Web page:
Importance Of Act 1 Scence 5 In Romeo And Juliet By William Shakespeare

4438 words - 18 pages

Importance of Act 1 Scence 5 in Romeo and Juliet by William Shakespeare

Act 1 scene 5 is an important scene in the play. In this essay I am
going to discuss how and why this is by referring to the drama,
Shakespeare's use of language and how this scene fits into the rest of
the play. I have chosen Act 3 scene 5 for my subsequent scene for
which I will repeat the above process.

The previous scene concluded with Romeo's curious premonition. Romeo
seems to foresee his own death here "Some consequence, yet hanging in
the stars, Shall bitterly begin his fearful date" (line 108) Romeo
believes that he has mortgaged his life in return for love. It is
written in the stars that events during the following night will lead
to his being asked to repay this debt with his life. He calls upon the
one that "hath the steerage" of his "course" - he who guides the path
of his life - to direct him safely. The sea is often used by
Shakespeare as a symbol of the powerful and unpredictable forces of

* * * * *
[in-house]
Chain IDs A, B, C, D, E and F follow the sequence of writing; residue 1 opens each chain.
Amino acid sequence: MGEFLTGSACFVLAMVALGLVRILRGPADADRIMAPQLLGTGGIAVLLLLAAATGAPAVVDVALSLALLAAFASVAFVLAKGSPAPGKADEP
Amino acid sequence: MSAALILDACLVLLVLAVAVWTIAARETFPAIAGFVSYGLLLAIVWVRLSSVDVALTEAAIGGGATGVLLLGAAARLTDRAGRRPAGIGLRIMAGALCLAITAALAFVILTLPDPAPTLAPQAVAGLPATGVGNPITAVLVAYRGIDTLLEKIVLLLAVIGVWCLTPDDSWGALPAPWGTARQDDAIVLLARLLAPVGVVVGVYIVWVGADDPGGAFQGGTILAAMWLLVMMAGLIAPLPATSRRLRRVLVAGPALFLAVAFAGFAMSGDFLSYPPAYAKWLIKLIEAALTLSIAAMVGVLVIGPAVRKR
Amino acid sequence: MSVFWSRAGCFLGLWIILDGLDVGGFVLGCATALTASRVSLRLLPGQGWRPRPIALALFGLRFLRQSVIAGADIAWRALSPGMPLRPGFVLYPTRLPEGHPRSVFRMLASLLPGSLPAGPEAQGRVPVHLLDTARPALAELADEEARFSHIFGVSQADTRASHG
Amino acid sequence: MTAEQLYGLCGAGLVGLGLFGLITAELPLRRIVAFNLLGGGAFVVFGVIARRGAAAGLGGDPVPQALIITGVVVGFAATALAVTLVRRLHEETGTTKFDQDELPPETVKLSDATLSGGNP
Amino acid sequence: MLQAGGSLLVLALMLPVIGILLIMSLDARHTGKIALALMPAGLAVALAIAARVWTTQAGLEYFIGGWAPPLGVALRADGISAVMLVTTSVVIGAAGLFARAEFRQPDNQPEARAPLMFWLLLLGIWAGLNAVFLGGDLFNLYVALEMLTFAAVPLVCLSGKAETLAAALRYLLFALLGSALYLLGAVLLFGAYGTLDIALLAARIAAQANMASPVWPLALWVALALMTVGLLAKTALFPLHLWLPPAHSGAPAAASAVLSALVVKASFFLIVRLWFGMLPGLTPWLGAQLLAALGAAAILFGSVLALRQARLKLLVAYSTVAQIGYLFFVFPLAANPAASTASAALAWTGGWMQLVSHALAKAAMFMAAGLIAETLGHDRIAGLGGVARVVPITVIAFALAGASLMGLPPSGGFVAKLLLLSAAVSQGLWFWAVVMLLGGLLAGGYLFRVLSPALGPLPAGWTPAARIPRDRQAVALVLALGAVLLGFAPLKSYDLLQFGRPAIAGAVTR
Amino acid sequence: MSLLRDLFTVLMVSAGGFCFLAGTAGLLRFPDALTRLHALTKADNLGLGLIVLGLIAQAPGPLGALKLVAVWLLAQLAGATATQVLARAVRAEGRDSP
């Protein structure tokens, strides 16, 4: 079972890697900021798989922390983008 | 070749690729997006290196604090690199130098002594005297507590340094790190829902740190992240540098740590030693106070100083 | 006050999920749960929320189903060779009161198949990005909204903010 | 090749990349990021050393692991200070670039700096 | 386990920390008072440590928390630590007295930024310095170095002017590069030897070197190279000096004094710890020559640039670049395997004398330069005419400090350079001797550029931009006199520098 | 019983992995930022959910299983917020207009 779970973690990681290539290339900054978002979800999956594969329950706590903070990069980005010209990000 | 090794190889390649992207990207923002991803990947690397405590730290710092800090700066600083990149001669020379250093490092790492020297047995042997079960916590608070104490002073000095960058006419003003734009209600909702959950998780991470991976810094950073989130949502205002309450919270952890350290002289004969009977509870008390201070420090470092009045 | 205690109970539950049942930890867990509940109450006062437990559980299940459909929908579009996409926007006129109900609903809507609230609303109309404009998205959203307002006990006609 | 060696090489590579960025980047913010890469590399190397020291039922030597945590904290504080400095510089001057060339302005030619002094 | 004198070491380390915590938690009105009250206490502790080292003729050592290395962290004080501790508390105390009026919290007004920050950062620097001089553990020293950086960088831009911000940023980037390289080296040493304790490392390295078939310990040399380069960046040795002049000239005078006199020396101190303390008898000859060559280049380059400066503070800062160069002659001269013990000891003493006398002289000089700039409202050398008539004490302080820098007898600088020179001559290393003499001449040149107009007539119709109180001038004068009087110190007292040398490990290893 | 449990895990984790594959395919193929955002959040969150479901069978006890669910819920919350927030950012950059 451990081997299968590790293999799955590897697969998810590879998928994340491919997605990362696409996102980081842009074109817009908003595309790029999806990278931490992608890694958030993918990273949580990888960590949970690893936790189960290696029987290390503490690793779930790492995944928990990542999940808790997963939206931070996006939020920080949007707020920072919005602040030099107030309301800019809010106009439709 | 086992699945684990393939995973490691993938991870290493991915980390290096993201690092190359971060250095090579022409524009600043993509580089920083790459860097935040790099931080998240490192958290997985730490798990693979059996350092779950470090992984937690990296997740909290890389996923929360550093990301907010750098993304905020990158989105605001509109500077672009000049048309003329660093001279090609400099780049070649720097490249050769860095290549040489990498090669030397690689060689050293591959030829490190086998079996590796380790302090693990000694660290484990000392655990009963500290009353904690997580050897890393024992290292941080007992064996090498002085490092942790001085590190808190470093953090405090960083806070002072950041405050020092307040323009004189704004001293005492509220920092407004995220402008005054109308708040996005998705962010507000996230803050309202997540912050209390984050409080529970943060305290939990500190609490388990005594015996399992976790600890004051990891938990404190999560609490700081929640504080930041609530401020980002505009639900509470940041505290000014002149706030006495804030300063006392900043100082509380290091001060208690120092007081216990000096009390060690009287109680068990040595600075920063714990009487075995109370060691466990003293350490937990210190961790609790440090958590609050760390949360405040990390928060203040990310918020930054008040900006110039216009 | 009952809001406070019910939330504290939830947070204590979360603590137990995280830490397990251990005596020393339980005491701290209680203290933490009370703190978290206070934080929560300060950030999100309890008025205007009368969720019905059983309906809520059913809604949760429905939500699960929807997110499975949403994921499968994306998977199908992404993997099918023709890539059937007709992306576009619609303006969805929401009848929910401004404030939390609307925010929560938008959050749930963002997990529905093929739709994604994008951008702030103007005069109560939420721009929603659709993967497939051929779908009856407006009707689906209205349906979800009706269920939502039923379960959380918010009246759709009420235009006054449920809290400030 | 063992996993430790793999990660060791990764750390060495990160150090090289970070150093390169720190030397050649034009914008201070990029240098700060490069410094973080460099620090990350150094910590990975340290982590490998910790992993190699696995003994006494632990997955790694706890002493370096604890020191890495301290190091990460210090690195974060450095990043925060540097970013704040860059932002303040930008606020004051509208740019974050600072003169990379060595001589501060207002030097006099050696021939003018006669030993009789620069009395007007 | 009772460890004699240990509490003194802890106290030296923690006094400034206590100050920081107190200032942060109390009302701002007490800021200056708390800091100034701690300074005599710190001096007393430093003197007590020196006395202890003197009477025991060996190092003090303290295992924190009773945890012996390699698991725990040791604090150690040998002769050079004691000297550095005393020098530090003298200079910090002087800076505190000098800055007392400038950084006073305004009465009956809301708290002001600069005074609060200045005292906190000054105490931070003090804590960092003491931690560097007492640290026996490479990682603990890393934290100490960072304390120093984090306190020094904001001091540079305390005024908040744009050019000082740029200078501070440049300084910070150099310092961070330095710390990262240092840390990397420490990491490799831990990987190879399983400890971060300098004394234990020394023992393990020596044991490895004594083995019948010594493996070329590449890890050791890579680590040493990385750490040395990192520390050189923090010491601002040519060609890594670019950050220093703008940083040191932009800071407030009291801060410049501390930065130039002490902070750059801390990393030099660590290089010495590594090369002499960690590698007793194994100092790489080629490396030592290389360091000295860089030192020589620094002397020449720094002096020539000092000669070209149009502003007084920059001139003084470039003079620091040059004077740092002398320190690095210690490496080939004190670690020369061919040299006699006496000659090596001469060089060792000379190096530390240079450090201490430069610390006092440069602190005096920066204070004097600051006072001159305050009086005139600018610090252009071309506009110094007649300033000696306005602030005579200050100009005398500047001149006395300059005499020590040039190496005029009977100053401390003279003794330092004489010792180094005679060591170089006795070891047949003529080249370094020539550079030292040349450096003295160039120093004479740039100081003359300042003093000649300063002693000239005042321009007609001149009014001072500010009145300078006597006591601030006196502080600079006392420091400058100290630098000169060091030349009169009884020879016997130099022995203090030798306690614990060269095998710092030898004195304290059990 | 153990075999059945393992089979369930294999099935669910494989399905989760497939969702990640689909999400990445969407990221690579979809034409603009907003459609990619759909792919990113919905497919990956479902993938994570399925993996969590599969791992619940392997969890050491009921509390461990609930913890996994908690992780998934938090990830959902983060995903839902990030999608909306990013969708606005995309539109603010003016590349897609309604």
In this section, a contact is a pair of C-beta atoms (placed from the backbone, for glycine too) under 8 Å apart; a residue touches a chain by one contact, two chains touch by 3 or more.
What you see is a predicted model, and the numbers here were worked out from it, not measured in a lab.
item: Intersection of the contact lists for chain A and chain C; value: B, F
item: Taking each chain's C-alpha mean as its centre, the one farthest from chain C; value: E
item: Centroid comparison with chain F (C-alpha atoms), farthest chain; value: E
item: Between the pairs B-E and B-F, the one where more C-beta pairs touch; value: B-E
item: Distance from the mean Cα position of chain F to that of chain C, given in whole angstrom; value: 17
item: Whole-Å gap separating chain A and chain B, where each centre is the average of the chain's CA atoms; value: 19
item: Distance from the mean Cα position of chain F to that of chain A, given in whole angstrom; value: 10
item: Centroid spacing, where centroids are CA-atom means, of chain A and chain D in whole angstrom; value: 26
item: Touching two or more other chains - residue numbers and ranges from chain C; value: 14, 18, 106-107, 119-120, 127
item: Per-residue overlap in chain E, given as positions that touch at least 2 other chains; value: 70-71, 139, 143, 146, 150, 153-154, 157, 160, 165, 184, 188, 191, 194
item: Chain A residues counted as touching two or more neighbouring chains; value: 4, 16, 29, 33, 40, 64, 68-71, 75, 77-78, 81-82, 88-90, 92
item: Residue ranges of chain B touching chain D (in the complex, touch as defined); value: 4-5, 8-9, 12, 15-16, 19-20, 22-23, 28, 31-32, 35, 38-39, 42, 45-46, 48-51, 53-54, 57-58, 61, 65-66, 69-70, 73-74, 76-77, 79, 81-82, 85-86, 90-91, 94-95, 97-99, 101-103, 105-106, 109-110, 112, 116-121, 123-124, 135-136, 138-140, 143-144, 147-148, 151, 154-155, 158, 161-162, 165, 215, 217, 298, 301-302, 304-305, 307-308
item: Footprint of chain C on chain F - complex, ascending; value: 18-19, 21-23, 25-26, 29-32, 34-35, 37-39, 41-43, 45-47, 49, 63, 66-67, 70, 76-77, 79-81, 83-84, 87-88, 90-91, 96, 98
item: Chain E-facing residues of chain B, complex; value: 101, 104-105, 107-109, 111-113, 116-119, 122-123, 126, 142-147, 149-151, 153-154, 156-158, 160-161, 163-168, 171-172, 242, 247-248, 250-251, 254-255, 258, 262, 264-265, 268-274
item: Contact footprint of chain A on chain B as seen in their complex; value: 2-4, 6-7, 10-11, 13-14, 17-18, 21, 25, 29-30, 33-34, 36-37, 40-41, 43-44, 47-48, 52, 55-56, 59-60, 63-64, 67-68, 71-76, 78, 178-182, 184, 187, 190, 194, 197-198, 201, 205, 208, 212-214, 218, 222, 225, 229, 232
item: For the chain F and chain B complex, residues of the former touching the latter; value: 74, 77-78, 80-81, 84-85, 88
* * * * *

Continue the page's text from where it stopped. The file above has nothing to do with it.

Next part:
fate. The audience already know that Romeo's tragic fate is fixed, for
he is "star-crossed". This scene ends with a sense of foreboding but
Shakespeare uses the opening of Act 1 scene 5 to relieve the tension.

The last scene ended on a gloomy and threatening note with Romeo
having a premonition of his death. Before this scene begins we know
that Romeo is totally obsessed by his love for Rosaline, his parents
and friends are extremely worried because he will not speak of it, he
is constantly pondering his 'misery' and thinking himself the most
tragic figure, he is apparently keeping well away from the feuding
between the Montagues and Capulets, he is deeply unhappy about the
idea of gate-crashing the Capulet's party- only doing it so he can see
Rosaline and he intends to play no part in the dancing and
celebrations. We also have some knowledge of Juliet's situation. We
know that when she was a very small girl she was already showing that
she had an independent mind, at the age of thirteen she is an object
of desire for men in Verona, her protective parents would like her to
start considering Paris as a future husband. By her own admission, she
is innocent of the world and is somewhat unready for an arranged
marriage as such, she has consented to attend the party and make up
her mind about Paris. Taking all of this into account, it is important
to note that both Romeo and Juliet go to the Capulet party alert for
the possibility of future partners, and with the idea of love very
much on their minds.

The opening of this scene is concerned with everyday domestic matters
as the Capulet servants joke amongst themselves as they clear up after
dinner and begin to hurry about, moving furniture to create a dance
floor for the masked dance. The servants bustle picks up the pace of
the play and there is a sense...

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